When I drop my kids off at school, walk through an airport, or look around my office waiting room, I see people of all ages wearing different types of headphones and listening to their phones or tablets. . As the surrounding environment becomes increasingly noisy, the volume of the device increases slowly to maintain sound clarity. Currently, the CDC has shown that one in 10 children between the ages of 6 and 19 suffer from some level of noise-induced hearing loss. This is why it is important to understand how exposure to loud noise affects the inner ear, auditory signs of hearing loss and how to prevent this in all age groups.
Noise-induced hearing loss in our younger generation is more common today than it was 10, five or even two years ago. As younger generations plug in for longer periods of time, we are seeing a detrimental effect on their hearing. It is important that we recognize all the signs of hearing loss so that it can be quickly diagnosed, the volume turned down, and hopefully hearing returned to normal.
How does loud noise affect the inner ear?
The sound pressure wave from the earphones causes increased vibration of the cochlear hair cells in the inner ear, which can cause injury. Think of it as a wave breaking on a beach. The bigger and stronger the wave, the more forcefully it hits the sand, which increases erosion. The same is true for an acoustic pressure wave. The stronger the wave, the more it hurts the inner hair cells, especially the high frequency ones. With repeated exposure, the risk of irreversible damage is high.
What are the signs that a person with noise-induced hearing loss may experience?
At first, a person may complain of ringing in the ears (tinnitus), muffled hearing (due to a shift in the hearing threshold), and difficulty understanding speech when there is background noise. Some patients may initially express an increased sensitivity to sound. They may say that everything is too loud (hyperacusis) or painful when exposed to loud sounds. Recognizing the early signs of loud noise exposure can be beneficial in preventing permanent effects. If signs of hearing loss persist, it is important to have a hearing test performed by a licensed audiologist. The audiologist will be able to do comprehensive tests to identify any signs of hearing loss, especially in the high frequencies. If hearing loss is identified, advice on reducing noise exposure will be given and most likely with a repeat hearing test at a later date to assess any improvement.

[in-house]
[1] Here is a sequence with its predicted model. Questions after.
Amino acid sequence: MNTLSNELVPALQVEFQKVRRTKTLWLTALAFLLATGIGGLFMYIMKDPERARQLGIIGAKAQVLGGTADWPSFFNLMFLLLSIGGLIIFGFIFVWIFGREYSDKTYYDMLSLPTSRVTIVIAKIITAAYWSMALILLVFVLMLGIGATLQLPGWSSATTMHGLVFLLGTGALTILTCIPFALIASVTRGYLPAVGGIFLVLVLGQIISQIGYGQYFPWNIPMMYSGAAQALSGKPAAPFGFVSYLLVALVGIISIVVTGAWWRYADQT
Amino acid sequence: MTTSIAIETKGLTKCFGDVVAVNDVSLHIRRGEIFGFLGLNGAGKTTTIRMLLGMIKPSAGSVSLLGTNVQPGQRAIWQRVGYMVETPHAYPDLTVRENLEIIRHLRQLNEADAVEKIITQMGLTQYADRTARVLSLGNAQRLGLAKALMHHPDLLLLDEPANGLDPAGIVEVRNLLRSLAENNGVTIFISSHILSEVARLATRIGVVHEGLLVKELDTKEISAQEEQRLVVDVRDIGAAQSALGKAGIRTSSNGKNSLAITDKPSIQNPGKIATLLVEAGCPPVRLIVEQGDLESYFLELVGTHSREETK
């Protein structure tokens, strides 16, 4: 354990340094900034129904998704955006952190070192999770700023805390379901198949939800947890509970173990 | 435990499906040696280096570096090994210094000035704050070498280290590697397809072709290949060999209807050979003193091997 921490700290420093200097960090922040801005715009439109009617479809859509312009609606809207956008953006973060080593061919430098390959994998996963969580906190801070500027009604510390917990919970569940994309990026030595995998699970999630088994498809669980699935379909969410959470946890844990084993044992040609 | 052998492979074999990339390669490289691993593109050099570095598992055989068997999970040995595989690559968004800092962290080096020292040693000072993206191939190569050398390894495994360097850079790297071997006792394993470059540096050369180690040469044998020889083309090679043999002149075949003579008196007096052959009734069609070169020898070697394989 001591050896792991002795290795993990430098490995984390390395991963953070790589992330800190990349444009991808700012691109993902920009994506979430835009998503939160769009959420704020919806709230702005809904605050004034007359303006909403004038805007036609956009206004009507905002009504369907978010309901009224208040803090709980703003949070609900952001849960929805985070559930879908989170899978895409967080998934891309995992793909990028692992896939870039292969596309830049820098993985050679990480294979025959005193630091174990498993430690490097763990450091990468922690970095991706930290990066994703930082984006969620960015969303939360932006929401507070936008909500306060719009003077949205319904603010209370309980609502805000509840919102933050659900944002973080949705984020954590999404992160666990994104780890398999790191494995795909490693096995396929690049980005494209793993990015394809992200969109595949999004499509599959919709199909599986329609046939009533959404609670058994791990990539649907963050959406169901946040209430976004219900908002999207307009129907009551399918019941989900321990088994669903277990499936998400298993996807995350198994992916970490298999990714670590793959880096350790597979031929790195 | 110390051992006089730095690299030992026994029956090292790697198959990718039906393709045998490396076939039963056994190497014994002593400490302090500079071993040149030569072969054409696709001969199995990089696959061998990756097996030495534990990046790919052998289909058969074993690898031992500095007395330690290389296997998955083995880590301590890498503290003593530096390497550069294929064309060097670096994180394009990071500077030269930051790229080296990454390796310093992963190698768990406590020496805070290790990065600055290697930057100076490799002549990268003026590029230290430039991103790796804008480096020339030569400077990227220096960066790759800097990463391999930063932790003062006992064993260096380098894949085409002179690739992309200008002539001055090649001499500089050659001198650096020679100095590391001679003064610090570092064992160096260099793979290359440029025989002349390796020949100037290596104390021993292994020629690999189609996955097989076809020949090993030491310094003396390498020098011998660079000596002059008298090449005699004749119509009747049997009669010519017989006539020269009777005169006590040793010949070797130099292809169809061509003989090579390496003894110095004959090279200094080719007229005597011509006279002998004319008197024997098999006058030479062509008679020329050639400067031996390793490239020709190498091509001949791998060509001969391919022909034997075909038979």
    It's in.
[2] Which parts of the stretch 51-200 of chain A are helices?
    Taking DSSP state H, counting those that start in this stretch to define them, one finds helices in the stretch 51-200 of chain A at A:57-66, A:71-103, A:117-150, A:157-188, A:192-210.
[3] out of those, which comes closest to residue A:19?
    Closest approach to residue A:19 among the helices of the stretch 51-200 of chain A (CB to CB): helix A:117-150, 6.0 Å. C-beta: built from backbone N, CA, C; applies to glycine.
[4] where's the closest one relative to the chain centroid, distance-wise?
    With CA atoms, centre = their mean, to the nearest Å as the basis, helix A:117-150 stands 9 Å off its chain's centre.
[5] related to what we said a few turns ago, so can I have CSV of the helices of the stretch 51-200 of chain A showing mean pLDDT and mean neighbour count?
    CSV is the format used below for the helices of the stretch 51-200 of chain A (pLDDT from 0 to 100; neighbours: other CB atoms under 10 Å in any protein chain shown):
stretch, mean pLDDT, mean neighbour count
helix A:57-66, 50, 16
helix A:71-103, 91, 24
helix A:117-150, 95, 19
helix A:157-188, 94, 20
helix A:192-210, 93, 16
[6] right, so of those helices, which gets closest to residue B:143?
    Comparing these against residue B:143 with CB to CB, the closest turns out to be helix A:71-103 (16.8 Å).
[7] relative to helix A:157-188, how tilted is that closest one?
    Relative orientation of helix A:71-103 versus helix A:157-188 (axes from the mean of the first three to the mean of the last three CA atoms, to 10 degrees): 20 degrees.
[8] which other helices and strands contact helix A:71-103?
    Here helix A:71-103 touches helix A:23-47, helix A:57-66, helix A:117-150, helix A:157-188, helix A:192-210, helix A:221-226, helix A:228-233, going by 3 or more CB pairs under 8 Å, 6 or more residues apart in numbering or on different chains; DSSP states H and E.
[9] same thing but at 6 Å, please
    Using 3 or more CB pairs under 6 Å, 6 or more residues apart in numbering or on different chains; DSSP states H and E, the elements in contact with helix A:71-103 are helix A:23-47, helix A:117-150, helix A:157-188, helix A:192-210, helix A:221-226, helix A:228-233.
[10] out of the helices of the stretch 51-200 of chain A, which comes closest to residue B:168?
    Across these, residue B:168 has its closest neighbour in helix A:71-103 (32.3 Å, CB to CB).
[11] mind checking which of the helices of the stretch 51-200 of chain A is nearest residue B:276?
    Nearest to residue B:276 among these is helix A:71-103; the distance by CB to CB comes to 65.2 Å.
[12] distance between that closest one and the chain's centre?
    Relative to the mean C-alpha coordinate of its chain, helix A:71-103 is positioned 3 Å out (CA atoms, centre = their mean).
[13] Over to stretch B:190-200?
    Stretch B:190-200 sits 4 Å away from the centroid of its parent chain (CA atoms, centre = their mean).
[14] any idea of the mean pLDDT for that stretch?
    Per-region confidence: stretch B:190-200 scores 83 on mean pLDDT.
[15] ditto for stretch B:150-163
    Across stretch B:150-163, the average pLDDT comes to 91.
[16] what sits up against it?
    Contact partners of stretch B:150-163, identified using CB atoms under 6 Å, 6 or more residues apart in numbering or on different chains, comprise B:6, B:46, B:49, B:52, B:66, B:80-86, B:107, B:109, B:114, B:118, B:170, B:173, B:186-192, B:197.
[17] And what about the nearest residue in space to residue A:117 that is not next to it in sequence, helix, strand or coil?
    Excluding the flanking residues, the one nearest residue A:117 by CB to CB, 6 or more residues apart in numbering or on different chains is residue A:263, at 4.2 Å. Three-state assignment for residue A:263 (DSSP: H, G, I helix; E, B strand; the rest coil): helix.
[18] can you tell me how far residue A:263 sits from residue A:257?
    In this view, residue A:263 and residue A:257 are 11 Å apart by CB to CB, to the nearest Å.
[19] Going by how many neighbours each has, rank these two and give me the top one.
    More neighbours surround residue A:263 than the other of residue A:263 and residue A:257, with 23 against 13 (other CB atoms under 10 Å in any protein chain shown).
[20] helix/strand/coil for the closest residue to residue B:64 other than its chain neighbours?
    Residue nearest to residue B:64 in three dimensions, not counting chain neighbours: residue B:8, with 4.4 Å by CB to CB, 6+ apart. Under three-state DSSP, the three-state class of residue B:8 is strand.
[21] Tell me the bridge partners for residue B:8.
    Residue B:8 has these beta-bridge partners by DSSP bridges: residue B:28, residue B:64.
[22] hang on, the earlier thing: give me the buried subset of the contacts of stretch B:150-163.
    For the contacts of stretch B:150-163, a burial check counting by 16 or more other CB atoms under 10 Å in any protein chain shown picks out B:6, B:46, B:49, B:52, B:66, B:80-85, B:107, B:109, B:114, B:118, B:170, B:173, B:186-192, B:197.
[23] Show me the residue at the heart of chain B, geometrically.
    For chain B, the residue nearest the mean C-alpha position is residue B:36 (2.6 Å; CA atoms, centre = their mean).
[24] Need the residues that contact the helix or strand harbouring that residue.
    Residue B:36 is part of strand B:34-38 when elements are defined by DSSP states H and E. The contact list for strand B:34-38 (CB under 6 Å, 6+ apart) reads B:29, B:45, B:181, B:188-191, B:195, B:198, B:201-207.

How to prevent noise-induced hearing loss?
Start by lowering the sounds. Wearable hearing aids, when set to their maximum volume, can produce sounds at 85 decibels (dB) or more. Some music can reach levels of up to 110 dB. Even less than two minutes with exposure at this level can permanently damage hearing. This is equivalent to the sound of an engine (85 dB) or an ambulance siren (120 dB). It is recommended that the sound remain at 50% volume, or around 70-75 dB, thus almost eliminating the risk of noise damage. The volume should not be so high that others can hear it or the listener cannot hear the sounds around them. Most personal devices have the ability to monitor the sound levels a person is exposed to and can alert you if a maximum amount of sound has been reached for a day or week. Parents can also set limits on their child’s portable device, in most cases that limit the volume at which they will play. However, most children are tech-savvy enough to get past this, so it’s important not to rely on this protection alone. It’s important to talk to your children about this, especially middle and high school students, so they can take an active role in preventing hearing loss.
Information provided by Tina Elkins, MD, board-certified ear, nose and throat (ENT) specialist at UT Health East Texas Physicians in Athens, who sees patients of all ages. As an otolaryngologist, Dr. Elkins specializes in treating conditions affecting the ears, nose, and throat, either medically or surgically. Call 903-676-3316 to schedule an appointment.